Chemical Computations and Errors

Chemical Computations and Errors

Chemical Computations and Errors

Chemical Computations and Errors

Excerpt

When you can measure what you are speaking about and express it in numbers, you know something about it, and when you cannot measure it, when you cannot express it in numbers, your knowledge is of a meagre and unsatisfactory kind. It may be the beginning of knowledge, but you have scarcely in your thought advanced to the stage of a science.

--LORD KELVIN.

A physical quantity is measured in terms of an arbitrarily chosen standard unit. The measurement is expressed as the ratio of the magnitude of the quantity to the magnitude of the standard unit. It is interesting and often highly entertaining to choose at random several commonly used units of measurement and trace their formulation, as well as the etymology of their names. (See Chapter VI for some examples.) It is only in this way that one can grasp the rôle that fate or chance has played in fixing for us our scientific heritage that must serve as the unconsciously perceived background of all scientific thought and action.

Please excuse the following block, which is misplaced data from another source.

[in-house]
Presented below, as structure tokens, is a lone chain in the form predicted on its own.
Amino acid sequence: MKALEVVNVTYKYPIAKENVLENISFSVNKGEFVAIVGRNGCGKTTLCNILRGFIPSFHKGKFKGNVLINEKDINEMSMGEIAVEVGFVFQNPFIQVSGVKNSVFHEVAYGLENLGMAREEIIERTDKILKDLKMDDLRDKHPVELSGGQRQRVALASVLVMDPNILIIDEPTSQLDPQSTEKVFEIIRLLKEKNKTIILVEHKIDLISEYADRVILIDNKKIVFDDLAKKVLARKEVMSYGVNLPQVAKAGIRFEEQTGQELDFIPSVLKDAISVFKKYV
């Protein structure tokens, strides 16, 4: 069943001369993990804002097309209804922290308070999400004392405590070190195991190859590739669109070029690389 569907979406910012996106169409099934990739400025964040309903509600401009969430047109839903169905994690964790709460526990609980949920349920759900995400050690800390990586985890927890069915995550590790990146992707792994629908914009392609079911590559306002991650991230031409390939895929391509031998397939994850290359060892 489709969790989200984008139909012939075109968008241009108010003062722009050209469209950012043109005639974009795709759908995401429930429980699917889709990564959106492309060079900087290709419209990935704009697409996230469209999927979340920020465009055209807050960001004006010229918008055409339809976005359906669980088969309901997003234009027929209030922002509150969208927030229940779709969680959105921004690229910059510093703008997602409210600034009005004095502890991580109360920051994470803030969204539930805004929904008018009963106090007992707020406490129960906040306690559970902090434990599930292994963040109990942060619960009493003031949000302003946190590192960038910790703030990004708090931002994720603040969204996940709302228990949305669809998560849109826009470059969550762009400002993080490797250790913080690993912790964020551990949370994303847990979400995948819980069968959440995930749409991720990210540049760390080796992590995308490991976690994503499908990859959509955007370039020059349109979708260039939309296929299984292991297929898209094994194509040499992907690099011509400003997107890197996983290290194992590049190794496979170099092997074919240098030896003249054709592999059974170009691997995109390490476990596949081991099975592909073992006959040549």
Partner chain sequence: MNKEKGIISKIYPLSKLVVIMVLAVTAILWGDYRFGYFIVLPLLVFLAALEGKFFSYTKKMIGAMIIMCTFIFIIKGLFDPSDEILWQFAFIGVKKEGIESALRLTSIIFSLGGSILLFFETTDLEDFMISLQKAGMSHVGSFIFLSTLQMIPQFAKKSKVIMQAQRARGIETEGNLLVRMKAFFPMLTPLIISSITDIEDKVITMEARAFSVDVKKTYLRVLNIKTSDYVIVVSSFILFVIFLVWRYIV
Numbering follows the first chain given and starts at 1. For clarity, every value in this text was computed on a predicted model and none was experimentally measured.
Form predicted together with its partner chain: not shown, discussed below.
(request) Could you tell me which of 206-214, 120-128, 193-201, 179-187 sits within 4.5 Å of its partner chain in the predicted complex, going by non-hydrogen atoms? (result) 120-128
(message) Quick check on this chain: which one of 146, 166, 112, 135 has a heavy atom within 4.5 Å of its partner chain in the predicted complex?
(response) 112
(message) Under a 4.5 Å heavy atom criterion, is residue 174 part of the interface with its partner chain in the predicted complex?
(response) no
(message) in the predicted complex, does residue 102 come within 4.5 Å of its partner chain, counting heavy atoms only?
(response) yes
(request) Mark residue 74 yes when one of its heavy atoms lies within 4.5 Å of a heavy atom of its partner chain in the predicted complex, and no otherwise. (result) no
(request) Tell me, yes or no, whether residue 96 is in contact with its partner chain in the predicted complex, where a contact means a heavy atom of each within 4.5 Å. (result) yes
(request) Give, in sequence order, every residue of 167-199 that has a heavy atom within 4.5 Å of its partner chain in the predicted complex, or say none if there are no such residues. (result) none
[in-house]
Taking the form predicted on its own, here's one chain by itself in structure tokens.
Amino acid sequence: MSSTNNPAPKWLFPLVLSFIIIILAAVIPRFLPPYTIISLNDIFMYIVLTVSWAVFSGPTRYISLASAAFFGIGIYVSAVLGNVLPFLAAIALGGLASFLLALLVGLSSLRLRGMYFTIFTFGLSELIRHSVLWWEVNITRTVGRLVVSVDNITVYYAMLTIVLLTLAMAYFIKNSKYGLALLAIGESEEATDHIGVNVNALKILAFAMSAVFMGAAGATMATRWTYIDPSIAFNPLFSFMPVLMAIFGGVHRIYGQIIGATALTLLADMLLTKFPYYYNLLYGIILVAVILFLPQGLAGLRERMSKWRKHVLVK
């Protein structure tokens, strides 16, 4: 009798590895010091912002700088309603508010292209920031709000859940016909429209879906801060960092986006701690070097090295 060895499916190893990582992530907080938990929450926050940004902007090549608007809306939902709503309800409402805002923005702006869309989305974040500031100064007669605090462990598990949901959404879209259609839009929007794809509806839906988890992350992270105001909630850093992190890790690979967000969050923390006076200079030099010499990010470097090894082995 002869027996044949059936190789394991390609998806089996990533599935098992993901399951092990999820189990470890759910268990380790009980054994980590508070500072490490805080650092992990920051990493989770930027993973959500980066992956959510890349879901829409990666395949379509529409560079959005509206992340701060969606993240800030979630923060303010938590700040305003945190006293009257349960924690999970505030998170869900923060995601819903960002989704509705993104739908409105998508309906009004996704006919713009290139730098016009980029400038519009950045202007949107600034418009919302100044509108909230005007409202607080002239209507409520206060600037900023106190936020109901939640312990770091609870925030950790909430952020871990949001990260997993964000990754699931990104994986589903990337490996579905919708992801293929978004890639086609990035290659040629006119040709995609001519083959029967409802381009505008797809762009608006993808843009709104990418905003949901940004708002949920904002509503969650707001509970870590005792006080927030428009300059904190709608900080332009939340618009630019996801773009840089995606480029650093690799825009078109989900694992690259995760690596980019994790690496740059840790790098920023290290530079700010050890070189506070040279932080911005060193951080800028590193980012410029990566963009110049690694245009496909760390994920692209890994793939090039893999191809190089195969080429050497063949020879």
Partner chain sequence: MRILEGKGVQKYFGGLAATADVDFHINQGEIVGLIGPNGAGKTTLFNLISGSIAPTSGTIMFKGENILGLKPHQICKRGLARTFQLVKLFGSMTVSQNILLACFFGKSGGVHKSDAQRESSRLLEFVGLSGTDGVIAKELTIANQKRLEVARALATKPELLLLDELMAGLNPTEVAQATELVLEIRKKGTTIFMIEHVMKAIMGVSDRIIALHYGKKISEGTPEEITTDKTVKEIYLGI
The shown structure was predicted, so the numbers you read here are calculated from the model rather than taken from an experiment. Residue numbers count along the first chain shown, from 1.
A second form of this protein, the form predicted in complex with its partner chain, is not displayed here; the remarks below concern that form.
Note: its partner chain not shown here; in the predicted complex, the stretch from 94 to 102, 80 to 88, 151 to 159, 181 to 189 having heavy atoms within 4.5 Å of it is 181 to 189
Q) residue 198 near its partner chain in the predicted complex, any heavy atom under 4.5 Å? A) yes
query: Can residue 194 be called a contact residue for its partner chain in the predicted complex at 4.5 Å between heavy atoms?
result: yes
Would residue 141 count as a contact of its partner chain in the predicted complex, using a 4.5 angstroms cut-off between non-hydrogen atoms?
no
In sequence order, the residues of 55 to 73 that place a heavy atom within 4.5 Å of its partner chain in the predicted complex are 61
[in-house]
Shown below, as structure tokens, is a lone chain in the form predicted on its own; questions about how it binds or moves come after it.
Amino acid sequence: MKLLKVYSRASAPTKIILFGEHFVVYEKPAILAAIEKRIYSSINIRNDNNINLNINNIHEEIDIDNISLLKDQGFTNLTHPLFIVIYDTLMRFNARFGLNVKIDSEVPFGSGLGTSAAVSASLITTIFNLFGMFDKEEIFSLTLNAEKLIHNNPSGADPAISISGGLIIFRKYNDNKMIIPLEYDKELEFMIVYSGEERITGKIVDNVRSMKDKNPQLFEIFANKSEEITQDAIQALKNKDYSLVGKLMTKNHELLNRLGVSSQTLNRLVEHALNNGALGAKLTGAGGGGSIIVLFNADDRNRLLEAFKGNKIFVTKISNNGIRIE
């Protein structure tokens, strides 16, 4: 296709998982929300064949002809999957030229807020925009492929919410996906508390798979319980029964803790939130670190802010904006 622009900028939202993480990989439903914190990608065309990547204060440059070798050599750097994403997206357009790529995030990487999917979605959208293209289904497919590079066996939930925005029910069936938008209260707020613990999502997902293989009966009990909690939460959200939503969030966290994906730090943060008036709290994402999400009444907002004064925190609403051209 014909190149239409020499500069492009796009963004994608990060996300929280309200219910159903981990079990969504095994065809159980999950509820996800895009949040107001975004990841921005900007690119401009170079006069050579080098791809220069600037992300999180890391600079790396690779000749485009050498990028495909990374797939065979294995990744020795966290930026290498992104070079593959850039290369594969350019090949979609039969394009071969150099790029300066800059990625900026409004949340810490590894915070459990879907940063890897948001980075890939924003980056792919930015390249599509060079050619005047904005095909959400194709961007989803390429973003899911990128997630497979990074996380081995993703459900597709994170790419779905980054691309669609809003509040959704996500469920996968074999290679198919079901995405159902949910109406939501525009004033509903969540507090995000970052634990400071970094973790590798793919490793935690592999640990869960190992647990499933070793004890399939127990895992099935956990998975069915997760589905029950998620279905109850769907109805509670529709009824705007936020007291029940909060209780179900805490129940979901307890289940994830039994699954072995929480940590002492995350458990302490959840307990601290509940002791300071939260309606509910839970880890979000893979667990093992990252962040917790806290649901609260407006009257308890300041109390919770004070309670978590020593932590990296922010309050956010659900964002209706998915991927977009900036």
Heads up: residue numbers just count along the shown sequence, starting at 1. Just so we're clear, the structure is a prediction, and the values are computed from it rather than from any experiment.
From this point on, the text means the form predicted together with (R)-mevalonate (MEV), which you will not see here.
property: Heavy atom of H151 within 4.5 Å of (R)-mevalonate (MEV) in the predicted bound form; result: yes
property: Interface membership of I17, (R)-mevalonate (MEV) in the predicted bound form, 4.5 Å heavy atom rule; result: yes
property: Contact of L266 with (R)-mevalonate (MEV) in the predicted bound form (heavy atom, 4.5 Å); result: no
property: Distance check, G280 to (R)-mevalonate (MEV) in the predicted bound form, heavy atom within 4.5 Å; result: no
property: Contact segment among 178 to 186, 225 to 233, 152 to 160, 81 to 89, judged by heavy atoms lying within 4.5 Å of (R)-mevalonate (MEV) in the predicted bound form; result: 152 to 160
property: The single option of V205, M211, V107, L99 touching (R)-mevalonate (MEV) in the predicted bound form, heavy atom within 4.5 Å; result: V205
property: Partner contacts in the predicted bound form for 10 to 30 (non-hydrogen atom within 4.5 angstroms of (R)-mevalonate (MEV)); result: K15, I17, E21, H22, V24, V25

The conception of number to express a ratio is very old compared with our civilization. The system of numerical symbols which we use was taken from the Arabs. The early Arabic mathematicians had formulated rules for combining these numerical symbols to obtain quickly and easily other ratios that could have been apprehended by the senses through the tedious processes of counting with the fingers and toes. Meanwhile, our less sophisticated ancestors were fumbling with the awkward and inadequate set of Roman numerals that hinder even the simplest addition or subtraction. The rules for combining numbers to deduce other ratios have been reduced to concise form and were taught to us in grammar school under the name of arithmetic.

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